because they were no longer profitable. Although the company claims 10
clinical studies have proven their products are safe and effective when
used as directed, it settled the case “to avoid the uncertainty and cost
of litigation.”

Ephedra is a stimulant containing ephedrine, an herbal “remedy” often
used for weight loss, increased energy, and to relieve the symptoms
associated with asthma, congestion, hay fever and allergies, and the
common cold. (Ephedrine-containing products may list any of the
following ingredients on their labels: ma huang, Chinese Ephedra, ma
huang extract, Ephedra, Ephedra Sinica, Ephedra extract, Ephedra herb
powder, Sida Cordifolia, or epitonin.)

Ephedra is a shrub-like plant that is found in desert regions in central
Asia and other parts of the world. The main active ingredients in
ephedra are the alkaloids ephedrine and pseudoephedrine.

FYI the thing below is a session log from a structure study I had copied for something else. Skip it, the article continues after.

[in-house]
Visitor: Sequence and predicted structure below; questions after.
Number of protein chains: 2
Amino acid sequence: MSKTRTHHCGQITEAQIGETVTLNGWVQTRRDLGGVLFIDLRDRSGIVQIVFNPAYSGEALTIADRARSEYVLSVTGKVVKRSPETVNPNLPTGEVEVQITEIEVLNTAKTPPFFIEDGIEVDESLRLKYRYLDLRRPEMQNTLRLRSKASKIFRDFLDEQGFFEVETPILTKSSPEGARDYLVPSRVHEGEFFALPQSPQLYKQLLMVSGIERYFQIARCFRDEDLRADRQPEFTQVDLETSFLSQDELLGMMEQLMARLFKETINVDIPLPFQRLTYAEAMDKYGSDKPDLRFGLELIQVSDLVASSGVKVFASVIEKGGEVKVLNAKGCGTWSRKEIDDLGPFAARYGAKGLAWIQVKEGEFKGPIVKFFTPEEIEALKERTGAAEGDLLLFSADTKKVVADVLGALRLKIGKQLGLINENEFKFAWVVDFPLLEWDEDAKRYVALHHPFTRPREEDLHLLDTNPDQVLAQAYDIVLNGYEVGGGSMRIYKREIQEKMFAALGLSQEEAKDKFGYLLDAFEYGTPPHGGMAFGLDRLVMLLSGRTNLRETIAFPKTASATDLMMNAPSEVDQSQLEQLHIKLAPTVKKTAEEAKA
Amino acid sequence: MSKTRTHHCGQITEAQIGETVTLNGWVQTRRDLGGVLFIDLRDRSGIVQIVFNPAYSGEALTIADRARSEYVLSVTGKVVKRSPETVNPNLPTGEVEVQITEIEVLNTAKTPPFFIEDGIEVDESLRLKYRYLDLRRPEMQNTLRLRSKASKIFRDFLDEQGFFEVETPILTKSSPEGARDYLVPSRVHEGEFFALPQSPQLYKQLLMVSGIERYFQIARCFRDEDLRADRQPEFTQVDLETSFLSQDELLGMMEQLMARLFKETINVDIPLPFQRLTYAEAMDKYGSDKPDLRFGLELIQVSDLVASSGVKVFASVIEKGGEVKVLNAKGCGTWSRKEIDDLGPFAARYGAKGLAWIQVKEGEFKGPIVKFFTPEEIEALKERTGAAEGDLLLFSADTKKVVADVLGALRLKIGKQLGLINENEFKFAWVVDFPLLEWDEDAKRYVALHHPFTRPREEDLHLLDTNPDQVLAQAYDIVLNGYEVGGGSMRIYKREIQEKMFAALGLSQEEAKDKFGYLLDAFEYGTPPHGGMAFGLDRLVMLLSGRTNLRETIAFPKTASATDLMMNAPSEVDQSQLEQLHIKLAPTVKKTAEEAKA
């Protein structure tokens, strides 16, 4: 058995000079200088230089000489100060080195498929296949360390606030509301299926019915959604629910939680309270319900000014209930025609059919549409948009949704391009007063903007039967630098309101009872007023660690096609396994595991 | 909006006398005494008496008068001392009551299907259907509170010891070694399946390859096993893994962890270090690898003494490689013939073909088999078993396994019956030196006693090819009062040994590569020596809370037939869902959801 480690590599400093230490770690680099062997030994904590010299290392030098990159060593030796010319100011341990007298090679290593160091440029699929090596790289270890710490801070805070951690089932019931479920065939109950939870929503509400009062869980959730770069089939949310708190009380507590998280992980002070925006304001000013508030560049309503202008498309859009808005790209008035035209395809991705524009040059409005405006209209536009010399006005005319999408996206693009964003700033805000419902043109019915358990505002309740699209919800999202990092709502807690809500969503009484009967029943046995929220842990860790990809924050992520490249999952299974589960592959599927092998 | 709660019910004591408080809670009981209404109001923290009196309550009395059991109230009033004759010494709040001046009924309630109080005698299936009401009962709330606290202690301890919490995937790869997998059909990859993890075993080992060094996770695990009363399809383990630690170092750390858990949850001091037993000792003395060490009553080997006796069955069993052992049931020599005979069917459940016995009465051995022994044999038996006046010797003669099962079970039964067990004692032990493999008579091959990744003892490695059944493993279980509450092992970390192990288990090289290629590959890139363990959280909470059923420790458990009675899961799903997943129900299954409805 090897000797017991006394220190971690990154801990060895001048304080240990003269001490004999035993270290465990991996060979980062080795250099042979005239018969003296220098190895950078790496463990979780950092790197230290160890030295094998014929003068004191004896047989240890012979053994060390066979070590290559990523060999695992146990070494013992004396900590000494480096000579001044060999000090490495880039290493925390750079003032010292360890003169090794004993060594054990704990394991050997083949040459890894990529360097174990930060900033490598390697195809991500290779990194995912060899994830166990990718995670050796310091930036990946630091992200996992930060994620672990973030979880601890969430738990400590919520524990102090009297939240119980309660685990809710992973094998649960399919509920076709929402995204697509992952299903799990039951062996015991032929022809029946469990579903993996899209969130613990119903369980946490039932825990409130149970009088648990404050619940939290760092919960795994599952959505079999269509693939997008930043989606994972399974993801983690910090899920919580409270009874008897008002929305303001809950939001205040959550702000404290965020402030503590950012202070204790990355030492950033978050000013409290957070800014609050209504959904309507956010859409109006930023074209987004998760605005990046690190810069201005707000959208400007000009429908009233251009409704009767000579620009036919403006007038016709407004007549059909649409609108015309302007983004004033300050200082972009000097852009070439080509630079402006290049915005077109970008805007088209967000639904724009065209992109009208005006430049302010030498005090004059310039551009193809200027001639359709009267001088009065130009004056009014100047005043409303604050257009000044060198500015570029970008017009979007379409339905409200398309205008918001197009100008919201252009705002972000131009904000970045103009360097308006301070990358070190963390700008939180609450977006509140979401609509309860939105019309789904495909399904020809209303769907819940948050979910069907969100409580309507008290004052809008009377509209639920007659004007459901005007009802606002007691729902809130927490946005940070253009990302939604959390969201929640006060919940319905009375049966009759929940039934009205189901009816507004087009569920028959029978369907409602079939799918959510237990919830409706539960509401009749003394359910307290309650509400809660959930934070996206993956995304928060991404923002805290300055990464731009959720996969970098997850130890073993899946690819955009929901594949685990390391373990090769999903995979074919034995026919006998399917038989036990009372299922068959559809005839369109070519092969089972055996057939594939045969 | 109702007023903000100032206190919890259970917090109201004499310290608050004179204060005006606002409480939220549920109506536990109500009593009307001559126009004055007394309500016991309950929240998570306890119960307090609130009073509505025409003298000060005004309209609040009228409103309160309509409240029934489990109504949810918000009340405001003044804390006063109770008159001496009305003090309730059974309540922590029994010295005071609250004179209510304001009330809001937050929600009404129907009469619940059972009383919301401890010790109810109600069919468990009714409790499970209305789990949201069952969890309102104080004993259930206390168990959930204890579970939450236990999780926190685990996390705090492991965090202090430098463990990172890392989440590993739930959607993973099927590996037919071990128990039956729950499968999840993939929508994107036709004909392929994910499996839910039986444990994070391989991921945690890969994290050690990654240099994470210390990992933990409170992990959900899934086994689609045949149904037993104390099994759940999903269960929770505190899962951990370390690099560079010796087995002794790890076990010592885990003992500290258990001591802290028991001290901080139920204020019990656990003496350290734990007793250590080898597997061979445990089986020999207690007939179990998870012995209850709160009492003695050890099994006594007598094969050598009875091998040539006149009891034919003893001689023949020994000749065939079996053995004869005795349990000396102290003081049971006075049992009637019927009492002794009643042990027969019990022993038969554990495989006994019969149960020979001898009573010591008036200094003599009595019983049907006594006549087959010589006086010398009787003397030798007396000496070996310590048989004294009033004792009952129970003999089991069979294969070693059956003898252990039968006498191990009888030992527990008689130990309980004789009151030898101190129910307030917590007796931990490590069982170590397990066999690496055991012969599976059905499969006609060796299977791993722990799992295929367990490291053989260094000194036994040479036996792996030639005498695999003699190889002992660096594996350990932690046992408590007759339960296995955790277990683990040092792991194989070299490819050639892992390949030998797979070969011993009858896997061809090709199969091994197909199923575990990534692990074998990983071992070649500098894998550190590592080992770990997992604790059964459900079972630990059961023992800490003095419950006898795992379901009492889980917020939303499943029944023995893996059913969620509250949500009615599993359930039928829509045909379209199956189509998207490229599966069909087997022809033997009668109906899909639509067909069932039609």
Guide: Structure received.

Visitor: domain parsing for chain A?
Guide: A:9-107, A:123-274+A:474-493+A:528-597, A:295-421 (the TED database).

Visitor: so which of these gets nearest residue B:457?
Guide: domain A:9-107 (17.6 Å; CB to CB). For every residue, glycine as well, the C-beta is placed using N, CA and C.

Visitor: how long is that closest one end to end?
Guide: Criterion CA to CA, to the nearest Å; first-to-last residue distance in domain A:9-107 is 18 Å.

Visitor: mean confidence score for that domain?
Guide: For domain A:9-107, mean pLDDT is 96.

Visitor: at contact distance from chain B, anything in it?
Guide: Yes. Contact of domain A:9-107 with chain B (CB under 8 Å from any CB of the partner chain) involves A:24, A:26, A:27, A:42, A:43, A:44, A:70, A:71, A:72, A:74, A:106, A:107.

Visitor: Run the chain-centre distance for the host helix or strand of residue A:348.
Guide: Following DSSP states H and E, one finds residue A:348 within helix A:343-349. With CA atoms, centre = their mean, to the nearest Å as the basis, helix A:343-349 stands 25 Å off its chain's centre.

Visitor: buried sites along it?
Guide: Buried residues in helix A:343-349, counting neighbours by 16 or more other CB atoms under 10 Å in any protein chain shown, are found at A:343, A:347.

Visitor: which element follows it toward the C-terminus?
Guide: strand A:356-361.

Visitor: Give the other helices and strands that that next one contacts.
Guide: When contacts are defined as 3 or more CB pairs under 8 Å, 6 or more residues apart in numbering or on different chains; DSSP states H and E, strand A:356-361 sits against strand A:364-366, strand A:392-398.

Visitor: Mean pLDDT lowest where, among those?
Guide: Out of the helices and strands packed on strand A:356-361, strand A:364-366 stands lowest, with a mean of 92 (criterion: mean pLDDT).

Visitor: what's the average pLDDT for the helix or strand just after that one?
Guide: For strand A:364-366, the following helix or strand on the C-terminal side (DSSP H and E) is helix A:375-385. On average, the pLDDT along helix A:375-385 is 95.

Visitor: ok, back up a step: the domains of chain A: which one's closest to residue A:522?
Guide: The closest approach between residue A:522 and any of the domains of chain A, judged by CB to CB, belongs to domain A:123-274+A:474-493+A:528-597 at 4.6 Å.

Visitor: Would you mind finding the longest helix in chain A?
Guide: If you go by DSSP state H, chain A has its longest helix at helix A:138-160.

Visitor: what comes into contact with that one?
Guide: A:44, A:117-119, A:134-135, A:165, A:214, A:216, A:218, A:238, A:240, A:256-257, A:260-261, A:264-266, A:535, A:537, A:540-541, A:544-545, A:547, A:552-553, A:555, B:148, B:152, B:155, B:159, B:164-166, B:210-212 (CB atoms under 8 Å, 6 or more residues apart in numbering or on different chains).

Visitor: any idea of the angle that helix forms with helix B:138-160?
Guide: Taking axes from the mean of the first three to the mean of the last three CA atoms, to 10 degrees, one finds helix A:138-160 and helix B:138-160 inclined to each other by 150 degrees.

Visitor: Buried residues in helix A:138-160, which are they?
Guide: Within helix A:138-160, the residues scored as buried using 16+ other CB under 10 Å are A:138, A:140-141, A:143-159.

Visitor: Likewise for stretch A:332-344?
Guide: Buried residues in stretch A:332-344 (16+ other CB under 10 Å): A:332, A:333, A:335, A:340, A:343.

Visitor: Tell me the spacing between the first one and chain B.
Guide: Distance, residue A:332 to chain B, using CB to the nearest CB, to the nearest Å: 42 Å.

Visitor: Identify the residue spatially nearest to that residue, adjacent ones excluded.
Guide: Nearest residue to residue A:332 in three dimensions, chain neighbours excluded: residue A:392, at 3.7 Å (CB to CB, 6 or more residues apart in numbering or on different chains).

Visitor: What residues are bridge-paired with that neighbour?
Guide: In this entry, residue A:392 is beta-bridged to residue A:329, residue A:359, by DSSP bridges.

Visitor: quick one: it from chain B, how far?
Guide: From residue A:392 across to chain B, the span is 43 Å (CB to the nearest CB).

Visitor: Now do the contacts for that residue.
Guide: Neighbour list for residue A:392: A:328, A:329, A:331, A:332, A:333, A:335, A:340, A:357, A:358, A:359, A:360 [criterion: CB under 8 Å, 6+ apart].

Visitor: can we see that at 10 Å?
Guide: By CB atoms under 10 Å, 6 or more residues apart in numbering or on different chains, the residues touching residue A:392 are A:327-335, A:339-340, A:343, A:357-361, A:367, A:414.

Ephedra, which is or has been used in a wide array of products, has been
accused of causing adverse reactions including heart attack, stroke,
tachycardia, paranoid psychosis, depression, convulsions, coma, fever,
vomiting, neuropathy (nerve damage), myopathy (muscle injury),
palpitations (rapid heart rate), hypertension (elevated blood pressure),
memory loss, insomnia, nervousness, tremors, seizures, respiratory
depression, and even death.

While most of the products containing ephedra include only the
recommended or otherwise permissible amounts of the supplement, some of
the products, such as those designed for weight-loss and body building,
often contain unsafe amounts of the substance, are used in unsafe